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Today's Features

  • In Flanders fields the poppies blow
    Between the crosses, row on row,
    That mark our place; and in the sky
    The larks, still bravely singing, fly
    Scarce heard amid the guns below ...
       
    “In Flanders Field” is a poem written during World War I by doctor and Lt. Col. John McCrae.

  • Good morning.
    I said I was going to stop writing this column. I just didn’t have anything to say anymore, but several people have called and written to say how much it would be missed, and since I have no excuse except lack of inspiration, which you have now rekindled, I will try again.
    This was Derby week in Kentucky. I spent most of it mowing and managed to get all the different patches of grass gone over by the weekend.

  • Someone once said, “God pours life into death and death into life without a drop being spilled.”
    In rural Owen County, the loss of a loved one is accepted as part of everyday life.
    Author and storyteller Charlotte Ann Kemper Atchison described the days of mourning experienced by early Owen County families.
    Charlotte grew up on Bucks Run and wrote of the times in her childhood when a deceased family member was washed and dressed in his or her finest, and placed in the parlor for viewing.

  • Austin Edward Bourne was born April 23, 2013, at 1:50 p.m. in the Saint Elizabeth Family Birth Place. He weighed 8 pounds 3 ounces and was 20.5 inches long. He is the son of Ed and Courtney Bourne of Owenton. The maternal grandparents are Kenny and Terri French of Warsaw. His paternal grandfather is Malone Bourne.

  • Spring heralds not only the earth’s renewal of sprouting grasses, budding trees and blooming flowers, but during the early 1900s it also reminded Owen County mothers of the necessity to boost their children’s immune systems after the effects of winter.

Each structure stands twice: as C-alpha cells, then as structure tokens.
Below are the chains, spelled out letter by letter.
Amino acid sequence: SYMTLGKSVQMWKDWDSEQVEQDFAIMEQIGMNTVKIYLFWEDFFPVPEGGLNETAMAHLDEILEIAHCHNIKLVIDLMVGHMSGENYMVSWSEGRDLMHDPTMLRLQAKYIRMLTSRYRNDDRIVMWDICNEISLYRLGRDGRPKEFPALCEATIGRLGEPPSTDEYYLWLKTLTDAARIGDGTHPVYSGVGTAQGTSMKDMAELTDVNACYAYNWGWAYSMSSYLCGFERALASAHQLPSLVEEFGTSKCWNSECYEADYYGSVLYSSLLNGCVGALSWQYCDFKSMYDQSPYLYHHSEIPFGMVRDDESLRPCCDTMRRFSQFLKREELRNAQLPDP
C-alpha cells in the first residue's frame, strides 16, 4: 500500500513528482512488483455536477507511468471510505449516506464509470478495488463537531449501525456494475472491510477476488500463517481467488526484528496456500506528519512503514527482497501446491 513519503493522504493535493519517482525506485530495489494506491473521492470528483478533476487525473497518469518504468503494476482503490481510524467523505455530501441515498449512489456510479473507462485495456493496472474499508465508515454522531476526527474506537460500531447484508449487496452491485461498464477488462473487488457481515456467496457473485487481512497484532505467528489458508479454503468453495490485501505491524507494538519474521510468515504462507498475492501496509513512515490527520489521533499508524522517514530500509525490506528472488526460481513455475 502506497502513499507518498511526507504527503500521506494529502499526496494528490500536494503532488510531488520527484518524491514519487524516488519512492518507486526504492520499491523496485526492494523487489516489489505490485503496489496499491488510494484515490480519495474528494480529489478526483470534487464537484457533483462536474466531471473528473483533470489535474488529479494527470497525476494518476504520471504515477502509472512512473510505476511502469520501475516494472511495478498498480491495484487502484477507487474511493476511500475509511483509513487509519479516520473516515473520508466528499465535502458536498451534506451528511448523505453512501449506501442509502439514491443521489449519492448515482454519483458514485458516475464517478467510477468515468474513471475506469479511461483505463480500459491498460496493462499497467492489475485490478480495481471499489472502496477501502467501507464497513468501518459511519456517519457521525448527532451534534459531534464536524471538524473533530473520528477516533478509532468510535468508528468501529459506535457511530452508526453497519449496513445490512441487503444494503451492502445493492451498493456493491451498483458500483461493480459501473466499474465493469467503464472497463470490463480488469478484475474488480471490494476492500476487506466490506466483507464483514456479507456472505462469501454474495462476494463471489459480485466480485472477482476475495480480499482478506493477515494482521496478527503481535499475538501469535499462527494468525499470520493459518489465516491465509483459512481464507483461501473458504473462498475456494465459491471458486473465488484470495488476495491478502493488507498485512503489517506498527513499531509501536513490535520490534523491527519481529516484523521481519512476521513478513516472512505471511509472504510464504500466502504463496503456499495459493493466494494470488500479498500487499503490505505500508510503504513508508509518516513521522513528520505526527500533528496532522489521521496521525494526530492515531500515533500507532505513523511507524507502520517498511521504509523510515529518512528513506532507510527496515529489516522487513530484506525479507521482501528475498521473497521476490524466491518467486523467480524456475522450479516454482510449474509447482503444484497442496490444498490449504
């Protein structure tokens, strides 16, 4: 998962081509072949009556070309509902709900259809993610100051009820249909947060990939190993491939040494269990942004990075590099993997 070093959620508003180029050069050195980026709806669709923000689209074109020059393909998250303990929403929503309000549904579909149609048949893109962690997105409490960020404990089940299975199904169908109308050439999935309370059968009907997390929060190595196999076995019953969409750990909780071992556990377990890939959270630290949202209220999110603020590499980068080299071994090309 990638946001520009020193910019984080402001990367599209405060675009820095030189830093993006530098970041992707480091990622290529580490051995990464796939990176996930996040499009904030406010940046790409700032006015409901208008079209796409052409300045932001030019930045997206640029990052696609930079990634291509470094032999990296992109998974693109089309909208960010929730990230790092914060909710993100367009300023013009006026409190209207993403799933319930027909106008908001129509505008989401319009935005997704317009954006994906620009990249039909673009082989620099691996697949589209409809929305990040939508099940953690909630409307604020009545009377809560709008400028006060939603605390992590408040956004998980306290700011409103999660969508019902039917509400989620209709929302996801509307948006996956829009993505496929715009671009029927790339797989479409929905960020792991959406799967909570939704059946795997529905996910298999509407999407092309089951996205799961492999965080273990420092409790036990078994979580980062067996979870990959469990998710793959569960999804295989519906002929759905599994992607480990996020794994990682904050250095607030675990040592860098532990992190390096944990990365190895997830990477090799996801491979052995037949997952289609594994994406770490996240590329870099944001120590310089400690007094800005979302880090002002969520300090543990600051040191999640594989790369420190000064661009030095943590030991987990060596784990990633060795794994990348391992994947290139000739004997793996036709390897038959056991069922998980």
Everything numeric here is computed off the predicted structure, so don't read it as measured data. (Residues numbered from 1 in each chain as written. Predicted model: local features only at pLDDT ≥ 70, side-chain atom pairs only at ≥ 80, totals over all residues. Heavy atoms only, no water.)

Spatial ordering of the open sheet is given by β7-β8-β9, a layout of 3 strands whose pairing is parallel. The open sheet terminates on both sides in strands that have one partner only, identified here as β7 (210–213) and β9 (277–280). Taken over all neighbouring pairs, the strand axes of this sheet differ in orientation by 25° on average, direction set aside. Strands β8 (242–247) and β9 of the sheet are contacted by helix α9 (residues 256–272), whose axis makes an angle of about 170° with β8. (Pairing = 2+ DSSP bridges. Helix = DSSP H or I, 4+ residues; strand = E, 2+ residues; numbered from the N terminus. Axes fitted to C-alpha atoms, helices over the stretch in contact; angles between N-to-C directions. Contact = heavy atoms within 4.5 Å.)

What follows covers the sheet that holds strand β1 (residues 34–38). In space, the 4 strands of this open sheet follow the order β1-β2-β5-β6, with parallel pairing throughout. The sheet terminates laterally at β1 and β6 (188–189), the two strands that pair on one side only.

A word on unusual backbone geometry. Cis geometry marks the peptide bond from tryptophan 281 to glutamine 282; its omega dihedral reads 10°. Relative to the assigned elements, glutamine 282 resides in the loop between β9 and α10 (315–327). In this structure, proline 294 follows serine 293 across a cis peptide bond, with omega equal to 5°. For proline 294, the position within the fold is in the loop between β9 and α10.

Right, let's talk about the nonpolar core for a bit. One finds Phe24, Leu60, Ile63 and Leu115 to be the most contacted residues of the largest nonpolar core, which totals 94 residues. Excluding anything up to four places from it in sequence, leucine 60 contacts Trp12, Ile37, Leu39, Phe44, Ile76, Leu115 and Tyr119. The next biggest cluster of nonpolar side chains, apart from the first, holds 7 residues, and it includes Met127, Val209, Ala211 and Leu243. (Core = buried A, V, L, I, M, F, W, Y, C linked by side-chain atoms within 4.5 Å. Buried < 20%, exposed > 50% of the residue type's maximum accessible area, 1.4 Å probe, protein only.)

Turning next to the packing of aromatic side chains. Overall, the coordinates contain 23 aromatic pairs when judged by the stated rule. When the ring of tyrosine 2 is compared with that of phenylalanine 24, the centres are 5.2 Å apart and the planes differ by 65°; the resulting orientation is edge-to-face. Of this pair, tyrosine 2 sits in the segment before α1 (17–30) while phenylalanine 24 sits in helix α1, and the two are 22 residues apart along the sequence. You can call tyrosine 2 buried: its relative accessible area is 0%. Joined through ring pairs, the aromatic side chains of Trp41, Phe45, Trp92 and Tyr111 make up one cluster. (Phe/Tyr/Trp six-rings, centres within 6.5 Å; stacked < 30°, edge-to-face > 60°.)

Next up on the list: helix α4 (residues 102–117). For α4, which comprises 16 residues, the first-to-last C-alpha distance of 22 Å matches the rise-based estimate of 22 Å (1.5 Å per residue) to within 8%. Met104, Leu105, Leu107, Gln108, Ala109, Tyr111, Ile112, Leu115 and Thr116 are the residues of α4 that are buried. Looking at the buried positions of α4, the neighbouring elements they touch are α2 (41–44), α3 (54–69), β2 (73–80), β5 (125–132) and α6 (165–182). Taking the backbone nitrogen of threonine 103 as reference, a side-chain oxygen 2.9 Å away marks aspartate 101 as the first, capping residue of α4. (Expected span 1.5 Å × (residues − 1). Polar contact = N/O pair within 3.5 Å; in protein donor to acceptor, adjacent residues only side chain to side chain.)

• Two weeks ago, as Ann and I were coming home, after the last terrible play at the Brown Theater, the landscape was still bare and very winter like, though the sun was shining.
    Suddenly at midweek, I noticed the forsythia bushes were in full bloom and lovely.
    The peony bushes were pushing through the ground and there were buds on the Bradford pears. The next morning they were in full bloom.
    Spring had come to the Branch.
    The grass turned green and started to grow, the red bud tree at the front of the house is now in full bloom.

  • The designs varied but the purpose was uniform – defense of the Kentucky railway system during the Civil War. Block houses which could hold up to 20 men were constructed by the Union along train tacks that traversed the Bluegrass.
    These were manned by federal soldiers whose job it was to thwart Confederate raids designed to interfere with northern supply routes.
    Author and historian Charles Bogart was the guest speaker last week at the historical society meeting, and using Power Point, he illustrated the construction of these fortifications.

  • When her 5-year-old son vanished from the backyard, Mrs. Bogart knew just where to find him. Perched on the platform that held the icehouse, Charles Bogart would be watching the Chesapeake and Ohio railroad trains chugging by. 
    The Bogarts lived in Newport and according to Charles, “There was nothing between us and the tracks.”

  • Perennial rose bushes grace either side of the monument; and for the past 90 years they have faithfully sent forth abundant blossoms. It is as if the rose bushes themselves acknowledge the great service rendered by the soldier whose remains rest beneath the ground under their outstretched roots.